Cavs change course, fire Brown
Keeping James may be factor
Of the many reasons the Cleveland Cavaliers had for firing coach Mike Brown after five seasons without an NBA title, one mattered most.
They can’t lose LeBron James.
Less than two weeks after their stunning second-round loss to Boston in the playoffs, the Cavaliers fired Brown yesterday, an expected move that perhaps indicates the team believes it can re-sign James, the two-time MVP and free agent-in-waiting.
Brown was the most successful coach in franchise history. In five seasons, he led the Cavs to the playoffs every year, to the NBA Finals in 2007 and to 127 wins in the past two seasons. But Brown failed to win a title, and after Cleveland’s second straight early exodus from the postseason — a collapse that included two blowout losses at home and dissension in the Cavs’ locker room — and with James about to explore free agency, owner Dan Gilbert decided to make a change.
“After a long and deep analysis of all of the factors that led to the disappointing early ends to our playoff runs over the past two seasons, we concluded that it was time for the Cavaliers to move in a different direction,’’ Gilbert said in a statement. “The expectations of this organization are very high and, although change always carries an element of risk, there are times when that risk must be taken in an attempt to break through to new, higher levels of accomplishment.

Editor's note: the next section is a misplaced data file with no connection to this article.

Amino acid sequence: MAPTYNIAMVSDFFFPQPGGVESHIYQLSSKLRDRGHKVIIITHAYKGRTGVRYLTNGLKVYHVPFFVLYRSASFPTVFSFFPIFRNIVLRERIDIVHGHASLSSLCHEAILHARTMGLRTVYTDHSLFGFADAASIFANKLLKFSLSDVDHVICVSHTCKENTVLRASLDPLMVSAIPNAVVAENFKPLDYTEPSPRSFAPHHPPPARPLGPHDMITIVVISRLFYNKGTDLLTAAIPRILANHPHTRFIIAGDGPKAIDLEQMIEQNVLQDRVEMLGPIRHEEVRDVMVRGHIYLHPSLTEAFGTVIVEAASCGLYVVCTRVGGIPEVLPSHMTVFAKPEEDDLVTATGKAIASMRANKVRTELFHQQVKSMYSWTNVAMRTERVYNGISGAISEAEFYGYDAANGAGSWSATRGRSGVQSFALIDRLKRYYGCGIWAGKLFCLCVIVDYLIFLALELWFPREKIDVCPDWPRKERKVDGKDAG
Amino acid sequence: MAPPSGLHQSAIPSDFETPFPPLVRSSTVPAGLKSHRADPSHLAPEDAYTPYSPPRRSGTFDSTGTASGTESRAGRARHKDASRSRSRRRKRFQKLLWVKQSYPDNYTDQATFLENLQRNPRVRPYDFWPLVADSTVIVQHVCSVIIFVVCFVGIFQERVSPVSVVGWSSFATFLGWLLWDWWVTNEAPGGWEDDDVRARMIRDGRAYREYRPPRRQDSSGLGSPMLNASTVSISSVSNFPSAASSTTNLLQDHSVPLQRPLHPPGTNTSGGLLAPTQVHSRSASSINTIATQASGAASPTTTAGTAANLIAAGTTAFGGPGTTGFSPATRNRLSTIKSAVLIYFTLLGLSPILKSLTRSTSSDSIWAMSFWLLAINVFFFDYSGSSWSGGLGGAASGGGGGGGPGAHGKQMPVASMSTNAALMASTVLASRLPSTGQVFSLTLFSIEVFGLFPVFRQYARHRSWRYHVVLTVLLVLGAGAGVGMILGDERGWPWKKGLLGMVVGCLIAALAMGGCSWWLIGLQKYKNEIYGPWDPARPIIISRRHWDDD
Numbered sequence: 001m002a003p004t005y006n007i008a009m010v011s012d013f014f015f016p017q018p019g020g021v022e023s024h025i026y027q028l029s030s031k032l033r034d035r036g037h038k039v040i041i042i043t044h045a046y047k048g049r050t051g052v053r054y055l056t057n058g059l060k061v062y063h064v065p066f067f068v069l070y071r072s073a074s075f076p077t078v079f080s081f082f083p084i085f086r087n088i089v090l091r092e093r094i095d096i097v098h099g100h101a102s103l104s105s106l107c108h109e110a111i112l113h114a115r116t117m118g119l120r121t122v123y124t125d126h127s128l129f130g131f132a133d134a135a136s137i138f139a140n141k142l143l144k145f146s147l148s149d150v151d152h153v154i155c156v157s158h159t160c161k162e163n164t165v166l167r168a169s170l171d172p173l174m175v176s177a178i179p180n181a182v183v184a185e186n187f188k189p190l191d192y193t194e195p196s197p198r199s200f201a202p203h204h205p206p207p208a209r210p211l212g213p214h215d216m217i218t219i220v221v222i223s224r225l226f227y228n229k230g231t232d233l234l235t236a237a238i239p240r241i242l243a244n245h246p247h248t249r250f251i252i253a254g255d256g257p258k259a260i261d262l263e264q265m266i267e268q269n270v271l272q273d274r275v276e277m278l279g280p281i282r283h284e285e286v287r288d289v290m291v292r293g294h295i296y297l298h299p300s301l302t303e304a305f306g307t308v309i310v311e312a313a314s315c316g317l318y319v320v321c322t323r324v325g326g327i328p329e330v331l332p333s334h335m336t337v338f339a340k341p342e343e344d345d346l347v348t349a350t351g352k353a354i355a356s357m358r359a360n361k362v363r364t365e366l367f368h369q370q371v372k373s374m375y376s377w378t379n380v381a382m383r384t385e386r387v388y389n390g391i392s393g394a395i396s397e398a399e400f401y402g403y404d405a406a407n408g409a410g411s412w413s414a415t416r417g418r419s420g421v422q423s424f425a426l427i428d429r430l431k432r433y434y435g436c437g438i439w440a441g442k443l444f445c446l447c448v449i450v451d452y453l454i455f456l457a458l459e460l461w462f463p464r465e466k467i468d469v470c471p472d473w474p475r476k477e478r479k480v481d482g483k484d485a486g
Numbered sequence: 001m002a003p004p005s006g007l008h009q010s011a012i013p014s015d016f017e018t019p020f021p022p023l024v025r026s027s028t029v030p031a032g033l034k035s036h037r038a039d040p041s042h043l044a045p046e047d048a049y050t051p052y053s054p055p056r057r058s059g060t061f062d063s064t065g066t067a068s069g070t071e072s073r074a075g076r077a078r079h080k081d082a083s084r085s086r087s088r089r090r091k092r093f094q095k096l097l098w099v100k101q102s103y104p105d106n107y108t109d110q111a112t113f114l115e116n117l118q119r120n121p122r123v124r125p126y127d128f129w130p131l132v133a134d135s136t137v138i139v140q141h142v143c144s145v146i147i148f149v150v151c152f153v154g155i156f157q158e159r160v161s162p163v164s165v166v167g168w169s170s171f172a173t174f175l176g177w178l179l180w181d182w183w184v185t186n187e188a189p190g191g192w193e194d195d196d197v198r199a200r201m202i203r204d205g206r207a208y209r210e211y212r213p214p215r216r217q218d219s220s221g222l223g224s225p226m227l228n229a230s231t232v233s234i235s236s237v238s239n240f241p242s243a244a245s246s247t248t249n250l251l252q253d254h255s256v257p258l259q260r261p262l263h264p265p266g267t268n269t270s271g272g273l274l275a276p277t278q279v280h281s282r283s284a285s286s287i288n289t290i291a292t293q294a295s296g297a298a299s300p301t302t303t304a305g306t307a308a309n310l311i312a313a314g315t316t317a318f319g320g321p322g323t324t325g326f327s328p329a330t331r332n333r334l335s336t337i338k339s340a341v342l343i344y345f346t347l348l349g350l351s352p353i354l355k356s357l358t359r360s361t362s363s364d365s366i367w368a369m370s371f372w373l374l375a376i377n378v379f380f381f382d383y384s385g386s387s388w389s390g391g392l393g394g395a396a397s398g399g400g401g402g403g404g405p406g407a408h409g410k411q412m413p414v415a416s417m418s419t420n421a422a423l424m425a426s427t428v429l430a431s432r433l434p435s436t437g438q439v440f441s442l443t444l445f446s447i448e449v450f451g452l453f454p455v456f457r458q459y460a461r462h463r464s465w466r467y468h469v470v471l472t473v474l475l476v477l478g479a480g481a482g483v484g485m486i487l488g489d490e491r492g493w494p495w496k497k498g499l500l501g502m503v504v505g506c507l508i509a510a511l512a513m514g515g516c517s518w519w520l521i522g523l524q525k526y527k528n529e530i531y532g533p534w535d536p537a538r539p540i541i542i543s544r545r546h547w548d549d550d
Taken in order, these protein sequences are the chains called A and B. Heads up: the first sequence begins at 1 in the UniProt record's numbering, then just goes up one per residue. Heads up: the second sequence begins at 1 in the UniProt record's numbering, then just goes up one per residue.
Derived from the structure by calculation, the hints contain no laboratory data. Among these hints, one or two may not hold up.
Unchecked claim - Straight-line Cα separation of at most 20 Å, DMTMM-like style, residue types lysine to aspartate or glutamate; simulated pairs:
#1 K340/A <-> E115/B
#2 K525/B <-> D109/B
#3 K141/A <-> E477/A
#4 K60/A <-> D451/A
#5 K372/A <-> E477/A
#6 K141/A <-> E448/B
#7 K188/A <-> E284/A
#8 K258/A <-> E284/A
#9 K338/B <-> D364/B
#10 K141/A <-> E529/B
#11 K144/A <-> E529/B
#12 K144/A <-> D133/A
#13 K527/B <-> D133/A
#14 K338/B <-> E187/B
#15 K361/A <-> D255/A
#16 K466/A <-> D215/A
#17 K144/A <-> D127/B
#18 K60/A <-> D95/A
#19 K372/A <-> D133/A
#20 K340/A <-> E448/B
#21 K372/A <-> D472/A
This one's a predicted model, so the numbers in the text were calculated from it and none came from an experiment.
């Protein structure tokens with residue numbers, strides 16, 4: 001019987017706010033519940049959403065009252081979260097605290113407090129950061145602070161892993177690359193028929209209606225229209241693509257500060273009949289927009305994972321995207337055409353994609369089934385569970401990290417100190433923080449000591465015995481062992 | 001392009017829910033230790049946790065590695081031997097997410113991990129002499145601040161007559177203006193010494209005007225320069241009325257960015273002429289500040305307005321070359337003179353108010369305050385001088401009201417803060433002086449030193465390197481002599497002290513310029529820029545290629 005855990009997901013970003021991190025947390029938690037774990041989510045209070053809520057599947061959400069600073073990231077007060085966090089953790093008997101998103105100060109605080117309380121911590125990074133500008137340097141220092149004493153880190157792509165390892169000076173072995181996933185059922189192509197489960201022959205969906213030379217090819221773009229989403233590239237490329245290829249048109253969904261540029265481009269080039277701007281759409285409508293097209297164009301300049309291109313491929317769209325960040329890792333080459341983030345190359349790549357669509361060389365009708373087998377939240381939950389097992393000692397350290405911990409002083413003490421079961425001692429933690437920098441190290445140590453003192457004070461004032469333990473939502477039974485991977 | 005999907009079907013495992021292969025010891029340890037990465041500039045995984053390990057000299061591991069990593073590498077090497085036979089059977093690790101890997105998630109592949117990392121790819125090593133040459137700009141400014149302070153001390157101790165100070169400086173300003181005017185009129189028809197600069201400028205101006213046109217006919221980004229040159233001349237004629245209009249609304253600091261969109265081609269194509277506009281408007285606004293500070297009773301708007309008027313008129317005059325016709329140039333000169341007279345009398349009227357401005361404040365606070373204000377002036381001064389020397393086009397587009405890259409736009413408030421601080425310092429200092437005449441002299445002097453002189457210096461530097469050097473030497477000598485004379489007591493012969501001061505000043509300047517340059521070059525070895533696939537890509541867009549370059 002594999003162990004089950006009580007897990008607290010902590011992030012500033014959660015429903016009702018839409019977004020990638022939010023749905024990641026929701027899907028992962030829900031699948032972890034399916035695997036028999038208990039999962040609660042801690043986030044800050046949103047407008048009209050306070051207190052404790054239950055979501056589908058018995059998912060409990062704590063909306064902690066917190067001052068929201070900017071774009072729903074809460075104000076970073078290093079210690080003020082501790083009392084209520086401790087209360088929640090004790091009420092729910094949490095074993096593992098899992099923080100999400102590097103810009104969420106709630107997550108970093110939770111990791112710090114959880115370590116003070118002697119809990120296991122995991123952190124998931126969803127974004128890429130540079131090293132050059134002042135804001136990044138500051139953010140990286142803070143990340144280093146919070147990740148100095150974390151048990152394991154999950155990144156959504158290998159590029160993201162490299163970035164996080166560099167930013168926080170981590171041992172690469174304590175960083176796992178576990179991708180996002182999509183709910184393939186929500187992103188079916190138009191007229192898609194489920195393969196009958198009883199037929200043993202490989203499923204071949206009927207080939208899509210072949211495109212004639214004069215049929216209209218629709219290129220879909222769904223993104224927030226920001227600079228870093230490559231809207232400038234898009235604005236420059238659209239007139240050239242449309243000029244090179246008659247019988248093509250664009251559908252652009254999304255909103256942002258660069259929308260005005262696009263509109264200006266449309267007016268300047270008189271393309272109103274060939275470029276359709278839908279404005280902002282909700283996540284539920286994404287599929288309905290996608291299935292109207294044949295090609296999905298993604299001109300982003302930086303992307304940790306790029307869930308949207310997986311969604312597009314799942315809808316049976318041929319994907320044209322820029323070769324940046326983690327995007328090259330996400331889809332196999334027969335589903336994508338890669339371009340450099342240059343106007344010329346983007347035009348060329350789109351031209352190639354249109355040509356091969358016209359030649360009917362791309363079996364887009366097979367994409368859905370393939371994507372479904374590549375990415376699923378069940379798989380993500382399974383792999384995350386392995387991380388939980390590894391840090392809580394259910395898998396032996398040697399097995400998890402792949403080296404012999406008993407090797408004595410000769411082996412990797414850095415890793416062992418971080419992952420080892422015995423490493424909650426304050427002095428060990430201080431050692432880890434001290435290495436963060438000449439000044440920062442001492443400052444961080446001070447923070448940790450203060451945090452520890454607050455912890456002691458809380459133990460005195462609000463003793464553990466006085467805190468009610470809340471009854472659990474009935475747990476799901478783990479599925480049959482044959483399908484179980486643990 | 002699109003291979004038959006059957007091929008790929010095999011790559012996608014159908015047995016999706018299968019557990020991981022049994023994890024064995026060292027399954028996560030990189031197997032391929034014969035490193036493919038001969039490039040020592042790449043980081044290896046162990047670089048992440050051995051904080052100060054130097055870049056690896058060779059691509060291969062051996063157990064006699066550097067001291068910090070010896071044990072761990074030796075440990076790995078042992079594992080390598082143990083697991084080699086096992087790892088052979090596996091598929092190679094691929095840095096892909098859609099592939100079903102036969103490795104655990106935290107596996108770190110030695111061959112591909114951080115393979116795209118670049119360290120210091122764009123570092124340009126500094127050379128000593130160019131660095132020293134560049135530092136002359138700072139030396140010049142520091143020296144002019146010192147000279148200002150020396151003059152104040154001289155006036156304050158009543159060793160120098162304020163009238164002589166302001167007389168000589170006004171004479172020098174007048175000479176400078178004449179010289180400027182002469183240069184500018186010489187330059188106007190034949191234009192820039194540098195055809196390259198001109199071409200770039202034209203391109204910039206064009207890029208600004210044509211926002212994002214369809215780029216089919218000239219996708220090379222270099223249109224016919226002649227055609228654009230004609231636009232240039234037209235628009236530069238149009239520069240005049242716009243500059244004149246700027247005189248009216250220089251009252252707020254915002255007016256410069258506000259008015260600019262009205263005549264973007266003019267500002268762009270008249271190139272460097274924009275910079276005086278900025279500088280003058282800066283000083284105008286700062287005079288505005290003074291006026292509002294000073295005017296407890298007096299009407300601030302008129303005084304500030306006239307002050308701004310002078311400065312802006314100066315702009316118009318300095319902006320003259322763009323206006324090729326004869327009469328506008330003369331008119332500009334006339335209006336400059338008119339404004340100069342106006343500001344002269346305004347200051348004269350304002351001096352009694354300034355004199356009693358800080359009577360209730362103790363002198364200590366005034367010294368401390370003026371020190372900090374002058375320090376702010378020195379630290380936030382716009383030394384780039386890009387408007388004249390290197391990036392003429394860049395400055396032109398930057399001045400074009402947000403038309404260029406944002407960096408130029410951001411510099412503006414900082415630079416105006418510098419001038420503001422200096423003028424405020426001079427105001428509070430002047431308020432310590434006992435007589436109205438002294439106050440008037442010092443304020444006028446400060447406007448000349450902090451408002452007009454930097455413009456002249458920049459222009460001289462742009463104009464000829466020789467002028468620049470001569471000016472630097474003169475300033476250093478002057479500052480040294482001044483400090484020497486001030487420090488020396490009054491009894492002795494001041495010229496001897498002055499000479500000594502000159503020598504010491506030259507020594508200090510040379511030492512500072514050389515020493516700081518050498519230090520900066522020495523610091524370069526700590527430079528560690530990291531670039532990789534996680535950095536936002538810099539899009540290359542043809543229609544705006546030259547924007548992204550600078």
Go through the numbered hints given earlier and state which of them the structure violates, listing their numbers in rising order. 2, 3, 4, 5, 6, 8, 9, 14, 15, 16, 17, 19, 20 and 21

“This is one of those times.’’
The Cavs did not hold a news conference to explain their decision to relieve Brown, who went 314-177 and was the league’s coach of the year in 2009.
Brown was not immediately available for comment. No one answered the door at his home in Westlake, Ohio.
A James family publicist said the superstar is out of town on vacation and would not be available to comment on Brown’s dismissal.
Boston’s Doc Rivers and Orlando’s Stan Van Gundy, the coaches who knocked Brown and the Cavs from the playoffs the past two years, expressed disappointment in Cleveland’s decision.
“Obviously, I was not thrilled to see it,’’ Rivers said before Game 4 in Boston. “I wonder what you have to do to keep your job — back-to-back 60-win seasons. Our profession is tough.’’
Said Van Gundy: “Franchises have the right to make any decisions they want. You can’t do a hell of a lot better. There’s not a coach in the league that has done better than Mike Brown.’’
The Cavaliers were under a deadline to dismiss Brown. If they had waited beyond 10 days after the season, they would have had to pay the 40-year-old coach his salary for next season. Cleveland’s assistant coaches remain under contract for 2010-11.
The team now faces an even more pressing deadline. James can become a free agent on July 1, when he’ll head a free agent class unlike any other in league history.
He will hit the market with fellow superstars Dwyane Wade, Chris Bosh, and others, and while the expected bidding wars are weeks away, the speculation and suspense are hanging over the NBA playoffs.